In many ways their rock is a bit heavier.

Social wasn’t as quick to catch on in Macedonia as in the US and other parts of Europe. TV is generally cheaper than digital. Balkans by nature are a bit more reserved and not as likely to share their feelings—much less an onslaught of selfies as us narcissistic Americans. Many vestiges of their former totalitarian governments created a general hesitancy to ask questions of authority figures … yet companies are hesitant to use social for fear that someone (anyone) could say something bad about them.

Their desire to move quickly was palpable. In a country of roughly 2 million they already have locally-grown website building tools for small businesses, super-smart interactive agencies, online coupon apps, and a successful crowdfunding platform. The desire to make their corner of the world a better place through technology and social behaviors was inspiring —but in many ways not surprising a bit.

All social is local

It would seem that every corner of the world is flush with inspiration driven by easy-to-use tools and increased social connectedness, and Macedonia certainly is no exception.

A huge lesson that I took away from visiting Macedonia is understanding that all social is local. Even more local than we realize.

There has been a lot of attention and work done in “how to localize your social media”and location-based marketing. These are great tactics, but when I say that social is local, what I really mean is that to be successful at social one must truly understand your audiences (obviously) as well as the nuance of how local behaviors and cultural norms manifest themselves in the use of social media.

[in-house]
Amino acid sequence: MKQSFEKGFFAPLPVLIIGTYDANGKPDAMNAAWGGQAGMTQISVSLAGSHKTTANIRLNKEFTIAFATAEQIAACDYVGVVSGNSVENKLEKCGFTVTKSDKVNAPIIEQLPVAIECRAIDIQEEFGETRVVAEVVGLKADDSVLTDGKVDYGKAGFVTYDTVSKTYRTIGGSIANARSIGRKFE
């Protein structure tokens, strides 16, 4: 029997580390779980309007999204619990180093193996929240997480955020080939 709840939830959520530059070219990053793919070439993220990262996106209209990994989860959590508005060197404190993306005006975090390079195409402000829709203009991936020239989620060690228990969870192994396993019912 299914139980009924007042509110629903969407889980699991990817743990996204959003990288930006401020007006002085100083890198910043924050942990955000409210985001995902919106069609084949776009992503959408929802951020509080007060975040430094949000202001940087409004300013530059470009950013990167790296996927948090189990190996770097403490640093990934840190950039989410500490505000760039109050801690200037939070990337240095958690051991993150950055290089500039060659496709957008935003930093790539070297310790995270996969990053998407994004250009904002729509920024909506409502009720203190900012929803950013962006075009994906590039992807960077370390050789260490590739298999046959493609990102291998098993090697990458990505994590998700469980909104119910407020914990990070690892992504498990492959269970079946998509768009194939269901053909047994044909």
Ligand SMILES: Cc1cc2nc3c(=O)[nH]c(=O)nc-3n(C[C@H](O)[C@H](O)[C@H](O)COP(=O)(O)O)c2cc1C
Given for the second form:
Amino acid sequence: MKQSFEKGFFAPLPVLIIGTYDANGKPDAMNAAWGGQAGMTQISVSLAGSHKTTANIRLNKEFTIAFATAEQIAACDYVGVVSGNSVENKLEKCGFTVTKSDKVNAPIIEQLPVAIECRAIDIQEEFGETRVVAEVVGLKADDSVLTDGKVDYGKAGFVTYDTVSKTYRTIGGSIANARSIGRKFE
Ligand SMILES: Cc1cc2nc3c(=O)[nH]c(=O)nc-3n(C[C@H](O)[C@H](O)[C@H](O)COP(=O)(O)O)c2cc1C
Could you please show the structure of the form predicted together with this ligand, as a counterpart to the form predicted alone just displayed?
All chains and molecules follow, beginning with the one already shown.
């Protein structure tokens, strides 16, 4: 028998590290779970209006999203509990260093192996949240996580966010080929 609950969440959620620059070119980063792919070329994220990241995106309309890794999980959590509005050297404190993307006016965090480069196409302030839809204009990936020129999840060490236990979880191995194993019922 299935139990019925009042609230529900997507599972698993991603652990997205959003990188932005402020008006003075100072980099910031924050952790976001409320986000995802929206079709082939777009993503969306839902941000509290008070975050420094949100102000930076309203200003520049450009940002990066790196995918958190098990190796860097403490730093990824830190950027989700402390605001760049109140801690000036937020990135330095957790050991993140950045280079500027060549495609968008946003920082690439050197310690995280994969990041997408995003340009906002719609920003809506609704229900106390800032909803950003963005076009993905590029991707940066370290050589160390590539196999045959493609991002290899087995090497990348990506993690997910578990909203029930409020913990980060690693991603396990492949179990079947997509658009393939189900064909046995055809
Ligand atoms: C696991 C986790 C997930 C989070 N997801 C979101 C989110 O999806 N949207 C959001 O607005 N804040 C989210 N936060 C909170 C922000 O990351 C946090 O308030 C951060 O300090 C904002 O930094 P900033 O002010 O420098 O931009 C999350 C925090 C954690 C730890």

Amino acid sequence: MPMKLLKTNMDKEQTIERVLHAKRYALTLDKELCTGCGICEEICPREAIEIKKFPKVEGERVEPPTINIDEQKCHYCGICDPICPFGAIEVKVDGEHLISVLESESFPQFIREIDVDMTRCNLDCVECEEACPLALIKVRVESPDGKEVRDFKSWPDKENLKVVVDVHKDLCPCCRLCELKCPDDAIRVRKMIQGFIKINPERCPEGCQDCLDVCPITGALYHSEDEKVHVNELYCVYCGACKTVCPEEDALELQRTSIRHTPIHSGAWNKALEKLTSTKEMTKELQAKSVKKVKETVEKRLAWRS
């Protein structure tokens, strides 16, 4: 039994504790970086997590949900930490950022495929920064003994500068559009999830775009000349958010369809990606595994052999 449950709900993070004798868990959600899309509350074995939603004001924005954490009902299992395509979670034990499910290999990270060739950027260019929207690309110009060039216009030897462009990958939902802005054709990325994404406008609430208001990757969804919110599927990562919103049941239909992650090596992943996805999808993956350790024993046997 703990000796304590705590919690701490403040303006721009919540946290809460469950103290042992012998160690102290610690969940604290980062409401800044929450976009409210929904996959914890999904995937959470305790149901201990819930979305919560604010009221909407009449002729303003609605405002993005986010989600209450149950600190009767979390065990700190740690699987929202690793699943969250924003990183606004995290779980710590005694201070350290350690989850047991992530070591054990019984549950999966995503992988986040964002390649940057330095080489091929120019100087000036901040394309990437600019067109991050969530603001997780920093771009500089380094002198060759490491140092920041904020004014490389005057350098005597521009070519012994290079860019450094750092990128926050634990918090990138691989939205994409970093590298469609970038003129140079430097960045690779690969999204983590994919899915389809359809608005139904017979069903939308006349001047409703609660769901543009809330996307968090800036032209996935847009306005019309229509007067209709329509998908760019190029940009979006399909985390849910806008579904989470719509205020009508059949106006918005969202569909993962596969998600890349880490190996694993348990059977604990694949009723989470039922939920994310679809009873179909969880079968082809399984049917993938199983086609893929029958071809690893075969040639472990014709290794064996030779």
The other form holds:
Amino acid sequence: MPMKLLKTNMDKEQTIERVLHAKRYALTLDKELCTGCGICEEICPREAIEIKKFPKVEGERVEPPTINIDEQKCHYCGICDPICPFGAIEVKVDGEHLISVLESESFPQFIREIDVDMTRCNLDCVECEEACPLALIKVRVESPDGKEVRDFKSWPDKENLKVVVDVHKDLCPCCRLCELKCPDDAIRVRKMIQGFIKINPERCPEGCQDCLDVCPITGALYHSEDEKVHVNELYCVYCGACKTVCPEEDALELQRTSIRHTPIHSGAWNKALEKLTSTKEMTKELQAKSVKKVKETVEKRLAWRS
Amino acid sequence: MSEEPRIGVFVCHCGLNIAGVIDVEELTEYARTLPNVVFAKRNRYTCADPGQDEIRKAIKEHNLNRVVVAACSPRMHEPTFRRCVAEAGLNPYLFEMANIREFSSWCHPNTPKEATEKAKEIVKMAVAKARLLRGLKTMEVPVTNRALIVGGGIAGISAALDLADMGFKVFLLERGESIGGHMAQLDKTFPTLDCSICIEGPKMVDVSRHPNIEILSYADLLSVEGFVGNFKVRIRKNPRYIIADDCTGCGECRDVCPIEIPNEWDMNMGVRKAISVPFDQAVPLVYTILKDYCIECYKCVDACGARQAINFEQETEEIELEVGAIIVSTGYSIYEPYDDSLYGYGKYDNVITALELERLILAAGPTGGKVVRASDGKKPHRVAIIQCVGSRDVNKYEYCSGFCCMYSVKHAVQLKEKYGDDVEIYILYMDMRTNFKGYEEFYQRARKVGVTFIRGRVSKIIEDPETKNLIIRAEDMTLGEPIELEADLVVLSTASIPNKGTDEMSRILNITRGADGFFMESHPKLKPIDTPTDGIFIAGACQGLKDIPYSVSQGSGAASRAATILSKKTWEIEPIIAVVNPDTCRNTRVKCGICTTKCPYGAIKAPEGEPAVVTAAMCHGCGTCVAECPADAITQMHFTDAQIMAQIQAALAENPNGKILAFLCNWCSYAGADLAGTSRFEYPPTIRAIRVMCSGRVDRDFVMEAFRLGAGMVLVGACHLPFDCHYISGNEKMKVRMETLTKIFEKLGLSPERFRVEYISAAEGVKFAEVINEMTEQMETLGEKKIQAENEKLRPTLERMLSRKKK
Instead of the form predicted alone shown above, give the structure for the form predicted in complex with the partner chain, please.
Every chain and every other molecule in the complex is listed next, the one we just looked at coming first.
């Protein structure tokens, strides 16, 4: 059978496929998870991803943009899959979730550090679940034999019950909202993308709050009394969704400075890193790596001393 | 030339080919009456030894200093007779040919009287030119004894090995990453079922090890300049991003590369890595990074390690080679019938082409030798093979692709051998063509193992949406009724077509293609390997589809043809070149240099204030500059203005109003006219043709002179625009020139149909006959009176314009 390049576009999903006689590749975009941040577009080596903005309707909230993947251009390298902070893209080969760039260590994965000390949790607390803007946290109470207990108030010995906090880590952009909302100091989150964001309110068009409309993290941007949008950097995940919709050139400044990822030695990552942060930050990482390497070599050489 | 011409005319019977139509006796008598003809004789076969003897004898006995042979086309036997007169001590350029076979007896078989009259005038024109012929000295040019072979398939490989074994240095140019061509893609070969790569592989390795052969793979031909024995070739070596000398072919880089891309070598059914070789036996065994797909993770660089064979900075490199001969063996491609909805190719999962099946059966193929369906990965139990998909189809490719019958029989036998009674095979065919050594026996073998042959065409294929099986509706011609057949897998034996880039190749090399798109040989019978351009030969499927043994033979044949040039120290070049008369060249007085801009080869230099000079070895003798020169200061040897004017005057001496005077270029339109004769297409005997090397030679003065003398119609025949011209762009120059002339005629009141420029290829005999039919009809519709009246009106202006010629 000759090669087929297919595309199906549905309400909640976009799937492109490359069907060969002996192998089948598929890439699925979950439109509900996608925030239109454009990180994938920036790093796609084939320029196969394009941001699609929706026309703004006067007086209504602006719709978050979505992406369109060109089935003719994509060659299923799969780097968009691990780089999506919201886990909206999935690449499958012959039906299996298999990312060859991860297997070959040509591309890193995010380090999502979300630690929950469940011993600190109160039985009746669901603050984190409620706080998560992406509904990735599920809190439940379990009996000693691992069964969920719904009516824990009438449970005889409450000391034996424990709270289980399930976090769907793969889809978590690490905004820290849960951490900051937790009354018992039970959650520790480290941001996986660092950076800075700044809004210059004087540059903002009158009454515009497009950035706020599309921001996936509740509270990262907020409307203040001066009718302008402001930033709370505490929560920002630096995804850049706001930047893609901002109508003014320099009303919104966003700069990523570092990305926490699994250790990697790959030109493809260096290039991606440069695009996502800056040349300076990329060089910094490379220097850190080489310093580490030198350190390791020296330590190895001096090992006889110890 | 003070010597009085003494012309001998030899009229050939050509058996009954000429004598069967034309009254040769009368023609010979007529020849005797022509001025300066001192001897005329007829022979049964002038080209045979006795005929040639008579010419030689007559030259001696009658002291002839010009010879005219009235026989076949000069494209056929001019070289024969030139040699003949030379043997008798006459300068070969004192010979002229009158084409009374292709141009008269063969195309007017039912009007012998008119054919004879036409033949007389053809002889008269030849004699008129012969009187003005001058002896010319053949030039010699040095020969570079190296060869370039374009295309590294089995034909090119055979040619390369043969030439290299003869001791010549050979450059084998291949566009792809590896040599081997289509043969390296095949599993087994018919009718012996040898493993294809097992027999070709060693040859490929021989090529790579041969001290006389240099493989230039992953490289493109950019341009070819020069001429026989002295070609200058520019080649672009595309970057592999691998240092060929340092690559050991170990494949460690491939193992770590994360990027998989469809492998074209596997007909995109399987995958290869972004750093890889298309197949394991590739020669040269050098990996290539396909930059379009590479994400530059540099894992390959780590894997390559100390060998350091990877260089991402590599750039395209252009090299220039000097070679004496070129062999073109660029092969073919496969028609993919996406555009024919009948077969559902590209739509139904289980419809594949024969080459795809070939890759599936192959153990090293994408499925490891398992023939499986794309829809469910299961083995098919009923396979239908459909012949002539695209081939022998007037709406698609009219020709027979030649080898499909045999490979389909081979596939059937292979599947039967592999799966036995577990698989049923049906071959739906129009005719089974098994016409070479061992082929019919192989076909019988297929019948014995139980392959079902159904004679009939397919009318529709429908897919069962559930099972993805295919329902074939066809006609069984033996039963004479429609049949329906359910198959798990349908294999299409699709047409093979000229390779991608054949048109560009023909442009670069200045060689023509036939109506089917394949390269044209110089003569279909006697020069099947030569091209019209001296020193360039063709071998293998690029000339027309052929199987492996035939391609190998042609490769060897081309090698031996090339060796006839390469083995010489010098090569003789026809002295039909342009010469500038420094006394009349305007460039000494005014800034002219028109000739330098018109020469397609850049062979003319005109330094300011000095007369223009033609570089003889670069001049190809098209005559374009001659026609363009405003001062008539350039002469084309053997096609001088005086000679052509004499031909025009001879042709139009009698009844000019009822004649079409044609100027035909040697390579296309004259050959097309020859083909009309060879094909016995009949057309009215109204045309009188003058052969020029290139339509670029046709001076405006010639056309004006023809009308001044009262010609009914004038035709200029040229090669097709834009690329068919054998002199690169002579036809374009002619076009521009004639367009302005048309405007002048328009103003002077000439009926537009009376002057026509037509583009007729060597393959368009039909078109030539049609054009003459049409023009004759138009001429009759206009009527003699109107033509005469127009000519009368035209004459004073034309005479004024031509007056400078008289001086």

For example, Macedonians aren’t as boastful as Americans. Of the few hundred folks that I talked to, Instagram is used much more than Twitter, but people tend to not take so many pictures of themselves. Therefore fewer selfies and yet Instagram is outdueling Twitter and Facebook for meaningful connections in Macedonia.

It is a nuance. But you will never really succeed at social until you truly understand the behavior of your audiences within social networks. Understanding behavioral nuance is the difference between viral success and a lame waste of time in social.

Diversity creates nuance

What Macedonia also has going for it is a diversity that felt very familiar to this American. Two decades ago this was a region at war, spurred by a bitter combination of nationalism and religion. On this trip, I met folks from every corner of the Balkans and beyond: Serbs, Croats, Macedonians, Albanians, Bulgarians, Turks, Ukrainians.

Macedonia has always been a melting pot of cultures. It all felt inspiringly different yet familiar when you add social media to the mix: Talking sports on Twitter. Posting food pics on Instagram. Keeping up with friends and relatives in a different region. These are the things that Macedonians do on their smart phones.

As I left Macedonia I felt inspired by the folks who are trying to make their part of the world better by pushing that social rock up a big hill. It was an honor to help that push —even if it was in a small way.

Pushing that rock will never be easy, but understanding cultural nuances can make the path a little smoother.

rick wionRick Wion is a Chicago-based business and marketing consultant for Manifest Social. Follow him on Twitter andLinkedIn.

Illustration of Macedonia courtesy Flickr CC and Alexsander Bondikov